After nearly eight years in prison, four Djiboutian prisoners-of-war have been released by Eritrea.
A total of 19 POWs were captured by Eritrea in June 2008 during a border skirmish, but some of them escaped prison in September 2011, said Djibouti’s Ambassador to the U.S. and Permanent Representative to the United Nations Mohamed Siad Doualeh. The others remain in detention.
The release was negotiated by Qatar and the freed soldiers were flown back to their home country on March 18 on a Qatari Airways plane accompanied by Qatar’s foreign minister Sheikh Mohamed bin Abdulrahman al-Thani. Upon landing they knelt down to kiss the ground and were met by dignitaries as a military band played. Later they met with Djibouti’s President Ismaïl Omar Guelleh.
Ambassador Doualeh, said that the prisoners had been held “incommunicado” over the years without the ability to communicate with their government or families.
“Four Djiboutian families are today rejoicing,” he said. “They have not had any information about their whereabouts, the conditions or the health of their loved ones and today I think it’s a moment of deep relief for them, for all Djiboutians in fact.”
Eritrea lauded the Qatari effort. “Eritrea has been saying from day one that it is committed to the Qatari mediation and the Qatari mediation has seven articles in it and one of them was Article 3 concerning missing persons and POWs,” Ambassador Girma Asmerom, Eritrea’s Permanent Representative to the U.N. told VOA. “So we have been consistent in this issue that the only process is through the Qatari mediation.”
Doualeh said Djibouti holds 19 Eritrean POWs and 267 Eritrean military deserters who were handed over to the UNHCR in 2014. He stressed that the International Committee of the Red Cross and other international organizations have regular access to the POWs.
“They are there, they are safe and they are treated as humanely as you can imagine,” he said.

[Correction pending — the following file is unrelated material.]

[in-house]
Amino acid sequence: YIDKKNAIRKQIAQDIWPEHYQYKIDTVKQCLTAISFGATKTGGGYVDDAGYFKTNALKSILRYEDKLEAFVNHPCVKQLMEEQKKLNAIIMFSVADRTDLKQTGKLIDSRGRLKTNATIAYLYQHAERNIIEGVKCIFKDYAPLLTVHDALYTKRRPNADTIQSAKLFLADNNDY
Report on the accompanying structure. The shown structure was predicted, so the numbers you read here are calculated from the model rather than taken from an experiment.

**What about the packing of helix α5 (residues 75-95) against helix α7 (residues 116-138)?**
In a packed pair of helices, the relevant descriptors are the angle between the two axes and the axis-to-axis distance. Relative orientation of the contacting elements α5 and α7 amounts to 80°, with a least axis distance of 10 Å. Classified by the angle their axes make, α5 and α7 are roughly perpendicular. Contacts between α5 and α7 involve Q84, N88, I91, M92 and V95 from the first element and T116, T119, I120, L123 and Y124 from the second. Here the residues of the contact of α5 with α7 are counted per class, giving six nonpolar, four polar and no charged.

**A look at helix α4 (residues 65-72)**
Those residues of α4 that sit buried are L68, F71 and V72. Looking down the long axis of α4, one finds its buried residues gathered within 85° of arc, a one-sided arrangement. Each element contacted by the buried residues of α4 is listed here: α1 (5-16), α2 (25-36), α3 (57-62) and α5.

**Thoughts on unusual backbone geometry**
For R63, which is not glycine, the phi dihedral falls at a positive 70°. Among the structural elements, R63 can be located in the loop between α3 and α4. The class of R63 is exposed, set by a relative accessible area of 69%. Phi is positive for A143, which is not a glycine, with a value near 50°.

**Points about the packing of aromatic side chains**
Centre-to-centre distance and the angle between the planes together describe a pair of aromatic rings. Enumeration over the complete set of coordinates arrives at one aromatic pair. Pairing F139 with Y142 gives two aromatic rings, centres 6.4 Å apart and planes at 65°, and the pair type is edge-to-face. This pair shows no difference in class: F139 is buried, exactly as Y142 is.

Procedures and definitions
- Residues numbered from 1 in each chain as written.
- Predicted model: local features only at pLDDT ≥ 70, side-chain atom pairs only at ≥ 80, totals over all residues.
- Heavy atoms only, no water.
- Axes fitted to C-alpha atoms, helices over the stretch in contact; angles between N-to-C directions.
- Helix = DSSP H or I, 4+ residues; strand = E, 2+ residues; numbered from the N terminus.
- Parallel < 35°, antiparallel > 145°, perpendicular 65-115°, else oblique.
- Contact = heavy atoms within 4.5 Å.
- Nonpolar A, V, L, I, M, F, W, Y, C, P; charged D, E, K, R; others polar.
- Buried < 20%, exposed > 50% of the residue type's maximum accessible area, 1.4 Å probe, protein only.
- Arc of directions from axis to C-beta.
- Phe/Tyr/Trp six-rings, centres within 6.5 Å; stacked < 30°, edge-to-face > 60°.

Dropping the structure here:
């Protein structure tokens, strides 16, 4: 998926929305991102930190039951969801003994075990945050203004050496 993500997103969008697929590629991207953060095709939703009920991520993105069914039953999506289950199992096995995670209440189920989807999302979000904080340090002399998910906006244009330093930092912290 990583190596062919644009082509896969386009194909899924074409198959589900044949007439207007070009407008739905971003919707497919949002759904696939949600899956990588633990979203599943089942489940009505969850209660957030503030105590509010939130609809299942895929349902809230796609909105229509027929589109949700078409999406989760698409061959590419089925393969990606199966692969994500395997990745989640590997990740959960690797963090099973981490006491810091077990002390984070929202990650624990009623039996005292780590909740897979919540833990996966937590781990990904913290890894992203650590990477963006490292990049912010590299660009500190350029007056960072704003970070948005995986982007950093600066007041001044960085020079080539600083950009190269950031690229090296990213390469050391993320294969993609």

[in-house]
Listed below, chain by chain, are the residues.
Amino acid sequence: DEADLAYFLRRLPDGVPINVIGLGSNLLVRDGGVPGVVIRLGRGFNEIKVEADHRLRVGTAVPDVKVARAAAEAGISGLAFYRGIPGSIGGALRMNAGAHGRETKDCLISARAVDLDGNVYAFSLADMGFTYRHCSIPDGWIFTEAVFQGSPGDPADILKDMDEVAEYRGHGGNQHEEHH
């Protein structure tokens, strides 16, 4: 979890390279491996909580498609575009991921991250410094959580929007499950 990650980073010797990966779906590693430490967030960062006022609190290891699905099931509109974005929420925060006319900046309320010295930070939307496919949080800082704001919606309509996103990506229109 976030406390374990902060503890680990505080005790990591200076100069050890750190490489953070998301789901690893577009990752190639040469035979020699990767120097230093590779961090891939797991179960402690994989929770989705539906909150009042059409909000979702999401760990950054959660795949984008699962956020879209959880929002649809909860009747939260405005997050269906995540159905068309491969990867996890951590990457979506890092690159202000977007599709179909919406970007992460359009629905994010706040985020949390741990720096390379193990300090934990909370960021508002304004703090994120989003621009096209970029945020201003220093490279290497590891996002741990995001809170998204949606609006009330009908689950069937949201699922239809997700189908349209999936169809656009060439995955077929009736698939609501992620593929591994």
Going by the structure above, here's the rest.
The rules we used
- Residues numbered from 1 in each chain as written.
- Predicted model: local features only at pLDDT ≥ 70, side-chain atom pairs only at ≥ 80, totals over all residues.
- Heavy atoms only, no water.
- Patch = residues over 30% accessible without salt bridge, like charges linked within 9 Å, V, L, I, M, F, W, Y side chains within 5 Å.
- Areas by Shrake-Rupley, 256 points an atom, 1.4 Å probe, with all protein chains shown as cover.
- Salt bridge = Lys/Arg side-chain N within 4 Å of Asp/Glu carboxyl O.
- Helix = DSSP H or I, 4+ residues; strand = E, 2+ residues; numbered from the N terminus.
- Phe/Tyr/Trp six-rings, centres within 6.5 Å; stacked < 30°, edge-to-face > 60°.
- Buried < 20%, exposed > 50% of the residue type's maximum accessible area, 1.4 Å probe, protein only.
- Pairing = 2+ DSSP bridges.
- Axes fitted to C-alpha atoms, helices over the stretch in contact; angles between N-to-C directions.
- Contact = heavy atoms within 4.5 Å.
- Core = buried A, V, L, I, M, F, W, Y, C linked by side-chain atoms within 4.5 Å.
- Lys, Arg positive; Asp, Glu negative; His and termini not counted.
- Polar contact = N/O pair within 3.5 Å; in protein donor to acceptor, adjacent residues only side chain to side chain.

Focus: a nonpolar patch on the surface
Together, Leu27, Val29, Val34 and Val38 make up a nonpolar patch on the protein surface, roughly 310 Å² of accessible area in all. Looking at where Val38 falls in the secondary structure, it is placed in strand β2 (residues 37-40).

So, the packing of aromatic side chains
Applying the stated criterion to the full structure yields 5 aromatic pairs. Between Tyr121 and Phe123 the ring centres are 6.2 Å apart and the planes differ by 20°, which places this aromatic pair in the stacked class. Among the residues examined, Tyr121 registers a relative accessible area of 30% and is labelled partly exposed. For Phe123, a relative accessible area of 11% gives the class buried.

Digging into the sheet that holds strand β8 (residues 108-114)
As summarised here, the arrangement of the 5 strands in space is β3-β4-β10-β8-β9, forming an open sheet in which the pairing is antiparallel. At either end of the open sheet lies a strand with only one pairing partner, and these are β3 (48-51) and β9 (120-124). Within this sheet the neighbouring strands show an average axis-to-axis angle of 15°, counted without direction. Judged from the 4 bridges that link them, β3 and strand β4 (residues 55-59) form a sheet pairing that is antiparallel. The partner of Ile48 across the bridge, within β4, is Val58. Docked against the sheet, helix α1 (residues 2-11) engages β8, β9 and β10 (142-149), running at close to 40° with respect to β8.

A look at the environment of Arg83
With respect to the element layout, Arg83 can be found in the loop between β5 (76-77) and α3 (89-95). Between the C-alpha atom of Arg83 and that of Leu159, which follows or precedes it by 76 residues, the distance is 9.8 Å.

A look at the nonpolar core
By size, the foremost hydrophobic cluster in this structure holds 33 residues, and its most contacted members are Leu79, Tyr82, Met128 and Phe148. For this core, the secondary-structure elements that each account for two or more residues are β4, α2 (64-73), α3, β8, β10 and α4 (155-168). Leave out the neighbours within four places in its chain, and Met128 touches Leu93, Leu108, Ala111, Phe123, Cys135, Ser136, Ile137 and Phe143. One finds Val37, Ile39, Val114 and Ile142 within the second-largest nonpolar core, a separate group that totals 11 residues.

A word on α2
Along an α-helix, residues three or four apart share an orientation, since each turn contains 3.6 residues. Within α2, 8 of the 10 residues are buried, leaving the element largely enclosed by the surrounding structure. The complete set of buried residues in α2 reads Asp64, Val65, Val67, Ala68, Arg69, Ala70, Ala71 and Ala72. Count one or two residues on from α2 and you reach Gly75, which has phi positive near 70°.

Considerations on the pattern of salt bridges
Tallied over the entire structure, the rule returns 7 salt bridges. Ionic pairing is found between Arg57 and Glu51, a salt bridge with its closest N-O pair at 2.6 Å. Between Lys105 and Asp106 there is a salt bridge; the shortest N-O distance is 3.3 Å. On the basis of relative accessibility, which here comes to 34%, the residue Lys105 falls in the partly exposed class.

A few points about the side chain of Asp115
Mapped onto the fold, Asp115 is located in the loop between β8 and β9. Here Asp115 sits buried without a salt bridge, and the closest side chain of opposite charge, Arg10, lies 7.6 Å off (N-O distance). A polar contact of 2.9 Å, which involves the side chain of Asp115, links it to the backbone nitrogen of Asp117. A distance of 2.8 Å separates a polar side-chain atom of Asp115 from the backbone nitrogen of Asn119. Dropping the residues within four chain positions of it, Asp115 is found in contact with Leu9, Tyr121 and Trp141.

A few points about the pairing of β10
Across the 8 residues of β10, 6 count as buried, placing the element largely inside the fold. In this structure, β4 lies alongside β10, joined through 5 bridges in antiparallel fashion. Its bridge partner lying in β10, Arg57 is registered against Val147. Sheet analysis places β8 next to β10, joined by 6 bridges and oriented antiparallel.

The U.N. Secretary General and U.S. State Department have applauded the release. The U.S. expressed concern for the welfare of the remaining POWs.
The dispute between the two Horn of Africa countries relates to the shared land border, rights to the Doumeira Islands in the Red Sea and the delineation of the maritime boundary. Doualeh said he believes the boundaries should be based on 1900 and 1901 treaties between then colonial powers Italy and France. Those treaties, he said, would give the contested islands to Djibouti.
Fighting erupted in 2008 between armies from the two countries in a sandy outcropping known as Ras Doumeira.
Doualeh said he is cautiously optimistic that the prisoner release signals a step forward in relations between the two neighboring countries.
“We are hoping and praying. We don’t want to prejudge what the future has, but I think this signals a change,” he said. “What do you say in English ‘Once bitten [twice shy]?’ In French we say, ‘chat échaudé craint l’eau froide.’ We don’t want to doom the peace process. We want a final and lasting solution.”
Similarly, Asmerom said a cooperative relationship between the two nations is the only viable option.
“There is no option B,” he said. “There will be peace and stability in the whole region and Eritrea’s vision is there should be regional integration, there should be free movement of people, there should be free movement of goods, so Eritrea from day one has been committed to regional peace and stability.”